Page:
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New Booklet Designed to Improve Communication with Patients of Different Cultures

doi: 10.1097/01.COT.0000287821.63735.b3

A new booklet is designed to help health care professionals improve their communication with patients of different cultural backgrounds.

The 84-page pocket guide details in simple terms widely accepted cultural mores of various ethnic groups, including African Americans, Hispanics/Latinos, Native Americans, Asian Americans, and Native Hawaiians.

Within each ethnic group, the guide discusses and describes cultural and language nuances of the subcultures within them, including Caribbean, Cuban, Mexican, Alaska native, Chinese, Japanese, and Pacific Islander.

“This pocket guide is intended to be a reference along a cultural journey, which health care professionals can explore when providing cancer care,” said former US Surgeon General David Satcher, MD, PhD, in a foreword to the book.

“It is an attempt to strike a balance between understanding and delivering culturally sensitive care to racial/ethnic minorities, while not stimulating stereotypical thinking….This pocket guide attempts to make this cultural journey the beginning of a lifelong learning process in cultural competency in the provision of cancer care to racial and ethnic minorities.”

Written by health experts Patricia Matthews-Juarez, PhD, of Meharry Medical College, and Armin D. Weinberg, PhD, of Baylor College of Medicine, the booklet, called Cultural Competence In Cancer Care: A Health Professional's Passport, also comes at a time when many medical institutions are putting a premium on educating and training culturally competent health care professionals, a news release notes.

Such cultural competency seeks to replace assumptions and stereotypes about patients with prevailing facts derived from both cross-cultural data and improved provider-patient communications.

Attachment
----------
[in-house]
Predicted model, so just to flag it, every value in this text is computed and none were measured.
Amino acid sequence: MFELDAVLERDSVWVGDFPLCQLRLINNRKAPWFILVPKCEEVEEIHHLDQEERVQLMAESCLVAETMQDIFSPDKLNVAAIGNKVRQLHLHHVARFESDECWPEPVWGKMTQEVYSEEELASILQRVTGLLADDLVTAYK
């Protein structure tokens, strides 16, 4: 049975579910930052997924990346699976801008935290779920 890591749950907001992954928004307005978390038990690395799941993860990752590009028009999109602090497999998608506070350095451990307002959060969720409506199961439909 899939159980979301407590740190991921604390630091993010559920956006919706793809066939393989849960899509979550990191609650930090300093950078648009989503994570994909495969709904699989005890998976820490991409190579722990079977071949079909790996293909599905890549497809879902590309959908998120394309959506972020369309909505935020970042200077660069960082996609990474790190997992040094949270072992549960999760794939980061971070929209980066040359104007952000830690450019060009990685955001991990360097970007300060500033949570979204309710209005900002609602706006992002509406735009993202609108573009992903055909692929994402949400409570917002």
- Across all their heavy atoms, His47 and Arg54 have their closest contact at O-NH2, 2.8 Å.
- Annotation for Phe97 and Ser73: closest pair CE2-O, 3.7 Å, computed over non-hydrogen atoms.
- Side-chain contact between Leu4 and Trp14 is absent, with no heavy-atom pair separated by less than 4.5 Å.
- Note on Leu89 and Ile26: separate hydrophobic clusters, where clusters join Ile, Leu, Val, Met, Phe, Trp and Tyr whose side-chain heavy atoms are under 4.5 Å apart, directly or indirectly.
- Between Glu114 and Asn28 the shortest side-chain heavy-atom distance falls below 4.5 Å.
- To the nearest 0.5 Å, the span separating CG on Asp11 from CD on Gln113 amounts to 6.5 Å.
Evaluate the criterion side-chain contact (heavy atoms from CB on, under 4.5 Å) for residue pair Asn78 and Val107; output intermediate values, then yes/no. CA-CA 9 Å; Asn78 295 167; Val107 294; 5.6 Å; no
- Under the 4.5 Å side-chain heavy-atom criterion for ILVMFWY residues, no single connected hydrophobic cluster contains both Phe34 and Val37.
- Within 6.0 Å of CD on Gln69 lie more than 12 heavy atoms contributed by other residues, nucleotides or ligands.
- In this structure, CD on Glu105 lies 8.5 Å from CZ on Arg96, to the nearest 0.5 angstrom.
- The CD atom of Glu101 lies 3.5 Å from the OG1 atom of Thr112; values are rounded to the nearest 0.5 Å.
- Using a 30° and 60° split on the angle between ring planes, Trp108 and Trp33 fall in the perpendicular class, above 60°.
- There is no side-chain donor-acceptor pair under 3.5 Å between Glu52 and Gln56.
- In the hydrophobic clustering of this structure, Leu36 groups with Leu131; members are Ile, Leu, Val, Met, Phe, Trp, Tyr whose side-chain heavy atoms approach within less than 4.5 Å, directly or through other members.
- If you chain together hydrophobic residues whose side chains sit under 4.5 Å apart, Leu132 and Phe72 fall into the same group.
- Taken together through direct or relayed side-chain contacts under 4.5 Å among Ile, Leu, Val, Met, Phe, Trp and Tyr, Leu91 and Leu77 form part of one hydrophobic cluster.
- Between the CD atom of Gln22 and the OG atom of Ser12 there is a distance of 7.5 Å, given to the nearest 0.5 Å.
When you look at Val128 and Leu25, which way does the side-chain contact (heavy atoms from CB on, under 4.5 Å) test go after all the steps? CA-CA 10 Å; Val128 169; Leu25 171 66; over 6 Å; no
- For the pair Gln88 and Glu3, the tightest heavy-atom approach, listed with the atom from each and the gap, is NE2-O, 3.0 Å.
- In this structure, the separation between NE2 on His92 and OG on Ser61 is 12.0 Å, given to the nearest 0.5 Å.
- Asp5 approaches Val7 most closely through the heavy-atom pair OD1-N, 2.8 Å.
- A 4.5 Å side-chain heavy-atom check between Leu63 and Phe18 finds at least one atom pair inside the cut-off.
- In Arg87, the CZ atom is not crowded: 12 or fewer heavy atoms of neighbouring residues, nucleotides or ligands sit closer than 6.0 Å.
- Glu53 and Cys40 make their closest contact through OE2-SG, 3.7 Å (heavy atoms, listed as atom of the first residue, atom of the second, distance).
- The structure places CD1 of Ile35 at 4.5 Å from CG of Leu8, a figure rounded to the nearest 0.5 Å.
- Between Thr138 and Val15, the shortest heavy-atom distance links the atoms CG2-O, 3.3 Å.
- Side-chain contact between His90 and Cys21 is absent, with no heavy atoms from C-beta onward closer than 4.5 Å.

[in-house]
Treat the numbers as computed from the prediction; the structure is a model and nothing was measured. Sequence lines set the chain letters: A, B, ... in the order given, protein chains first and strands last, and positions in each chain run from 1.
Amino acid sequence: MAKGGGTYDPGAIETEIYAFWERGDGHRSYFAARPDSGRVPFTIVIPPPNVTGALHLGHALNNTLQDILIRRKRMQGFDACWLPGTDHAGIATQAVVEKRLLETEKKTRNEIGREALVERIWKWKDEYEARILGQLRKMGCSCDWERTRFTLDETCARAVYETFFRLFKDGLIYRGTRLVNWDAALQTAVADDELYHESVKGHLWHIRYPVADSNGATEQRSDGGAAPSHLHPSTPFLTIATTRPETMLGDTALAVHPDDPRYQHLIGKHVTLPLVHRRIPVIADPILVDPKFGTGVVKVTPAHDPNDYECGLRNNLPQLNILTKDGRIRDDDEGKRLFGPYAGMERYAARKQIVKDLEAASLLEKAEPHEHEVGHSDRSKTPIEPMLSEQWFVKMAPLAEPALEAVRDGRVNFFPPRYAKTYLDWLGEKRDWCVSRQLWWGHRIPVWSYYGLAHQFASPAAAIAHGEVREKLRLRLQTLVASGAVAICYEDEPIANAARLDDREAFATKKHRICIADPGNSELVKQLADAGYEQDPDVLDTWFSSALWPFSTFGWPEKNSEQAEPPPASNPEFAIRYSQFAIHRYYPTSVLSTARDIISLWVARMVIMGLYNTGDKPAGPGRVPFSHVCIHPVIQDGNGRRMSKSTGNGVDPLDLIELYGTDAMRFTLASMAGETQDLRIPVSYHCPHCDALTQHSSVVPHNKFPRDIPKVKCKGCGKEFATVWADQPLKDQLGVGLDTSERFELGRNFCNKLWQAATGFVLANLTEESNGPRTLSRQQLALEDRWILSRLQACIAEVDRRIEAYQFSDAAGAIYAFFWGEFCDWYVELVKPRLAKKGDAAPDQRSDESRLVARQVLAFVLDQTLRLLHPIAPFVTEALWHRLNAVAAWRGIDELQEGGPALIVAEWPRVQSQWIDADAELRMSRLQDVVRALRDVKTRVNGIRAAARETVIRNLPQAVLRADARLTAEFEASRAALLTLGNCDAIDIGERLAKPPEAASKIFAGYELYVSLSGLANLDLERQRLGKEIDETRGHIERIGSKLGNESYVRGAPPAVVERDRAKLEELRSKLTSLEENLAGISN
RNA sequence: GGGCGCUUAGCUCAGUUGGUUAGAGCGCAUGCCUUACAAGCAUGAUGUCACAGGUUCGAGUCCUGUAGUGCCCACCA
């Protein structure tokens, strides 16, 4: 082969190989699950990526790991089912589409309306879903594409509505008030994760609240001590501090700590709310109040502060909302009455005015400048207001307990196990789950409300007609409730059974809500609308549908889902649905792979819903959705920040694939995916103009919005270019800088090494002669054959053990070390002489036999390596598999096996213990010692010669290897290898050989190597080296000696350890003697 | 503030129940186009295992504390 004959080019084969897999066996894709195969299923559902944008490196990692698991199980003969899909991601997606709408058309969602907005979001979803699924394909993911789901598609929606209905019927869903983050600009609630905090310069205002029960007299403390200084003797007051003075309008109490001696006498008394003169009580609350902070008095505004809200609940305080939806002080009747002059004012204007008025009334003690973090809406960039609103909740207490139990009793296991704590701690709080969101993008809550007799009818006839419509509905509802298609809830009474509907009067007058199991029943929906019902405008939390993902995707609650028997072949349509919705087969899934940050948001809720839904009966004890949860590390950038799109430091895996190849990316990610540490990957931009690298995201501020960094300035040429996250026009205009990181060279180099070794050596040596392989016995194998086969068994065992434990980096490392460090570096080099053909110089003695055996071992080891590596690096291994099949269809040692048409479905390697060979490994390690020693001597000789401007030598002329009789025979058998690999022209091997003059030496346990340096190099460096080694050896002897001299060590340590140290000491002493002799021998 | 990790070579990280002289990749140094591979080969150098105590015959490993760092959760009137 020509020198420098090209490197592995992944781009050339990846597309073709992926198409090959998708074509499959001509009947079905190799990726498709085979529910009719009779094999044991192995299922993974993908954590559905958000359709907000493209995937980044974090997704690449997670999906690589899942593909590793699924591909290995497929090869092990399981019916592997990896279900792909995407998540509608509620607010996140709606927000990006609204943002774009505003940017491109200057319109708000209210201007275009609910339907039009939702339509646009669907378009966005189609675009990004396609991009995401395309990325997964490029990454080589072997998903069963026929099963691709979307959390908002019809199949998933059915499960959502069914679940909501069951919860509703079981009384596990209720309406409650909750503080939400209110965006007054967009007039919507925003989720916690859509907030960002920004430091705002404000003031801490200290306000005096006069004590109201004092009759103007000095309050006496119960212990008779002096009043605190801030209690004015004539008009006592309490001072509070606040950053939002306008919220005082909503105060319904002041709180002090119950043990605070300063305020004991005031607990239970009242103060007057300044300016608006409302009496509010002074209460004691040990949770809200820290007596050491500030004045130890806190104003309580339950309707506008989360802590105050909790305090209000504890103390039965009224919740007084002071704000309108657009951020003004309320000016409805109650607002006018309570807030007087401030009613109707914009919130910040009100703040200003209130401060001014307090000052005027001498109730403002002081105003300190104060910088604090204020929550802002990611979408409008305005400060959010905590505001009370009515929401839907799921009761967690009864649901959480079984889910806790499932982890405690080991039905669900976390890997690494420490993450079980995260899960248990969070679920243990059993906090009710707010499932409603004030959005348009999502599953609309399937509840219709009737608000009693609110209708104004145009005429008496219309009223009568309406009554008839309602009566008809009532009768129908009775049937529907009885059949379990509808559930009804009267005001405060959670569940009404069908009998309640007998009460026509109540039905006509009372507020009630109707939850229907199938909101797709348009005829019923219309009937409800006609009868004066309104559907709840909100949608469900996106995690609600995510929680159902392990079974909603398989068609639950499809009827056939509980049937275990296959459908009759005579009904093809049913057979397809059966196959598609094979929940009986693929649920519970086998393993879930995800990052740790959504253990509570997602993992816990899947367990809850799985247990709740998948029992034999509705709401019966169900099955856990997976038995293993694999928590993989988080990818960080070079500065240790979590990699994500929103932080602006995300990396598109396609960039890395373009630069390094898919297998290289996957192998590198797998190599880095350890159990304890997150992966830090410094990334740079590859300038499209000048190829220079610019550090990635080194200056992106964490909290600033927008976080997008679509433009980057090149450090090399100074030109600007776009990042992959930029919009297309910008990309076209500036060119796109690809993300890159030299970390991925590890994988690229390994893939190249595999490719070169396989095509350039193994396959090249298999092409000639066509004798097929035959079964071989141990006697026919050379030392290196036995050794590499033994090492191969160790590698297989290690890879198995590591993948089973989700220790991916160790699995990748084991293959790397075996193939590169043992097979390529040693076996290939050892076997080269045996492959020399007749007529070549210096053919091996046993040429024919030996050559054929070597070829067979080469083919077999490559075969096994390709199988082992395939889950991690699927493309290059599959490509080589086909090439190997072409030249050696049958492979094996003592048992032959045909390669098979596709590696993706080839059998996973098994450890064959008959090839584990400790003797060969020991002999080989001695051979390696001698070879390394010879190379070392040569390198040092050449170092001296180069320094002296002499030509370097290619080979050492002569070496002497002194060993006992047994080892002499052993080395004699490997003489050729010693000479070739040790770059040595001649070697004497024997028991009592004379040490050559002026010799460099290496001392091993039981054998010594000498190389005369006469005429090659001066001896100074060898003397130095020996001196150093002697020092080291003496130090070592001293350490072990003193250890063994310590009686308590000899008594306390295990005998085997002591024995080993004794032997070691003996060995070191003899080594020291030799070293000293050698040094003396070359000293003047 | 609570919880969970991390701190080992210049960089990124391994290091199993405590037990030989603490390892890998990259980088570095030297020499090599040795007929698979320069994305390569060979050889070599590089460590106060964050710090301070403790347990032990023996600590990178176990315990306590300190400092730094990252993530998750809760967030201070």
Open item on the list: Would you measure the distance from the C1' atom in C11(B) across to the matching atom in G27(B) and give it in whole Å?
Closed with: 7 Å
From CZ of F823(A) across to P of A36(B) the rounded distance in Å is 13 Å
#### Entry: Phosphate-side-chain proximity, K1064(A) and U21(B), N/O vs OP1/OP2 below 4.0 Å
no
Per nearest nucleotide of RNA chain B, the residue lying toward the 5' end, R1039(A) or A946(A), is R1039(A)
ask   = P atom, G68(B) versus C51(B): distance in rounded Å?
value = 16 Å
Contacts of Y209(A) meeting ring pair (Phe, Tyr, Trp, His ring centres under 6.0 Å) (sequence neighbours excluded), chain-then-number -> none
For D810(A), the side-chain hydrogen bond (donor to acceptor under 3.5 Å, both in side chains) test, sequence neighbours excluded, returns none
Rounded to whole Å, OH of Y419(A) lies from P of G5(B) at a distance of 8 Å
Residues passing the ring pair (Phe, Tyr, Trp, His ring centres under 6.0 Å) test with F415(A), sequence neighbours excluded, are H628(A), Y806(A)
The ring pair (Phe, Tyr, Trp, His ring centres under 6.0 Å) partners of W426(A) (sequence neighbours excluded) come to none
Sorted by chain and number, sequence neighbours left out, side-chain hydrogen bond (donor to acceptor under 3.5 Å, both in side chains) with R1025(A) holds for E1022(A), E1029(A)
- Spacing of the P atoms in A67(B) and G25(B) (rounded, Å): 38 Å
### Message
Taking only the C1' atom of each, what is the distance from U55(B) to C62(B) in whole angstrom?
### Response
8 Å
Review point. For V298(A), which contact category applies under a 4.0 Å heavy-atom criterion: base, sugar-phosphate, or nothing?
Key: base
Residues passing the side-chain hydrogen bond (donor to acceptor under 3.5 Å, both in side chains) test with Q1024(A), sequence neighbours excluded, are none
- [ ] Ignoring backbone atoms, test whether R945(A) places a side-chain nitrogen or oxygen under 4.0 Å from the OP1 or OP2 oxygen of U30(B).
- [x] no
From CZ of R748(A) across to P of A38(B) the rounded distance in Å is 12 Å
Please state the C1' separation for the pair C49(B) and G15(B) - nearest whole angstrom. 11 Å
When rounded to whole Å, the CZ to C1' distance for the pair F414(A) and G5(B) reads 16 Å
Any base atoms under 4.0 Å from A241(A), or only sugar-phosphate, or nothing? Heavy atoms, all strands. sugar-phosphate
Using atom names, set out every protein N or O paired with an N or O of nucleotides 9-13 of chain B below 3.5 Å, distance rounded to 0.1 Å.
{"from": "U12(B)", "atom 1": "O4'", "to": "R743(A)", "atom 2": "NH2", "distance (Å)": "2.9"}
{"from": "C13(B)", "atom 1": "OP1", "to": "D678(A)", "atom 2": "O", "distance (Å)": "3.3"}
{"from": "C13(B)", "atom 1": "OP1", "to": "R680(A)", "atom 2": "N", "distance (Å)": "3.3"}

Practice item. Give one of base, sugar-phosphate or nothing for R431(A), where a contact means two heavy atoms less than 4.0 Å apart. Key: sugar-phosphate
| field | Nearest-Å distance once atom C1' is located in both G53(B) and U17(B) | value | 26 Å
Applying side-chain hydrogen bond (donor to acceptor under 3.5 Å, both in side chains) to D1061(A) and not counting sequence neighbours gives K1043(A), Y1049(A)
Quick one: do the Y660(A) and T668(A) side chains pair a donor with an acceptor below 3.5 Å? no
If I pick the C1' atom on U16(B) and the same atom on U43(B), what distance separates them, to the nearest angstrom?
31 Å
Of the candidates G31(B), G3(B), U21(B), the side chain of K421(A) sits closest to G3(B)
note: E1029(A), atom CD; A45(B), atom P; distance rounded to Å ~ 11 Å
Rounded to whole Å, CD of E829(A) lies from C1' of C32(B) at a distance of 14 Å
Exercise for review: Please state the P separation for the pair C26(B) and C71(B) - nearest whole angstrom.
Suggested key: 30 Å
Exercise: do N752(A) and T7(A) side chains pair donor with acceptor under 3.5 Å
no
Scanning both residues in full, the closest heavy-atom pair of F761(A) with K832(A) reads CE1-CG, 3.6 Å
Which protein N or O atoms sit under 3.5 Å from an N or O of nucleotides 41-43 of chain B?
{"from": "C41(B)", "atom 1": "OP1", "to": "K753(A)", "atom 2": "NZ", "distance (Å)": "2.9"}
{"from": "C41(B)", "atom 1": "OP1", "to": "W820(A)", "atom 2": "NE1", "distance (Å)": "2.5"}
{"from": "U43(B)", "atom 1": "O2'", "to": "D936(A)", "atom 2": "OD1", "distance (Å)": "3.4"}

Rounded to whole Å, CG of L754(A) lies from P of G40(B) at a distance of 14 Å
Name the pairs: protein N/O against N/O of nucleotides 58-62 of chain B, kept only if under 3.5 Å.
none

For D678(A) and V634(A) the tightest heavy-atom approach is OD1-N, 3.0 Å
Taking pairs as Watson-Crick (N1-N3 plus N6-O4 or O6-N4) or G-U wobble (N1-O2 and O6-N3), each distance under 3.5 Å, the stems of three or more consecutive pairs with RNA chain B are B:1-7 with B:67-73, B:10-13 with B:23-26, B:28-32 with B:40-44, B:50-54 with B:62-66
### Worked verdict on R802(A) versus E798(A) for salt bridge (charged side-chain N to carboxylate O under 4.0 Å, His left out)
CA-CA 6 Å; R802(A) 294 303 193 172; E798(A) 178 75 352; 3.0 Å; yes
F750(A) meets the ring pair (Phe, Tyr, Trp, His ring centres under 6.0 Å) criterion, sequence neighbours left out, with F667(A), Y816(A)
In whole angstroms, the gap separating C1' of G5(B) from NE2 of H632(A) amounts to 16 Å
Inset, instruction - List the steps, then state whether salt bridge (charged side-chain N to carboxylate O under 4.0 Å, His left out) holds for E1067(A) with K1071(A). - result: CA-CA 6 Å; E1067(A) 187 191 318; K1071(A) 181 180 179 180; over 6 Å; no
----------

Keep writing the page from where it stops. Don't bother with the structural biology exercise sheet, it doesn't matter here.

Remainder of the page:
Many health experts believe this emphasis on cultural competency will improve quality and equity in health care, thereby reducing misdiagnoses, prolonged illnesses and staggering health care disparities.

A recent study conducted by a commission chaired by former Secretary of Health and Human Services Louis Sullivan, MD, concluded that although African Americans, Hispanics/Latinos, and Native Americans make up more than 25% of the US population, they represent only 9% of the nation's nurses, 6% of its physicians, and 5% of its dentists.



The disparate numbers are leading to a shortage in health care professionals serving the populations that the pocket guide targets, those researchers said.

The guide, published by Baylor College of Medicine's Intercultural Cancer Council, will be sent to approximately 4,500 community health clinics across the country.

Additional copies, available at $4 each to cover mailing, can be obtained by calling Monique DeLynn at the Intercultural Cancer Council at 713–798-4617.

© 2005 Lippincott Williams & Wilkins, Inc.
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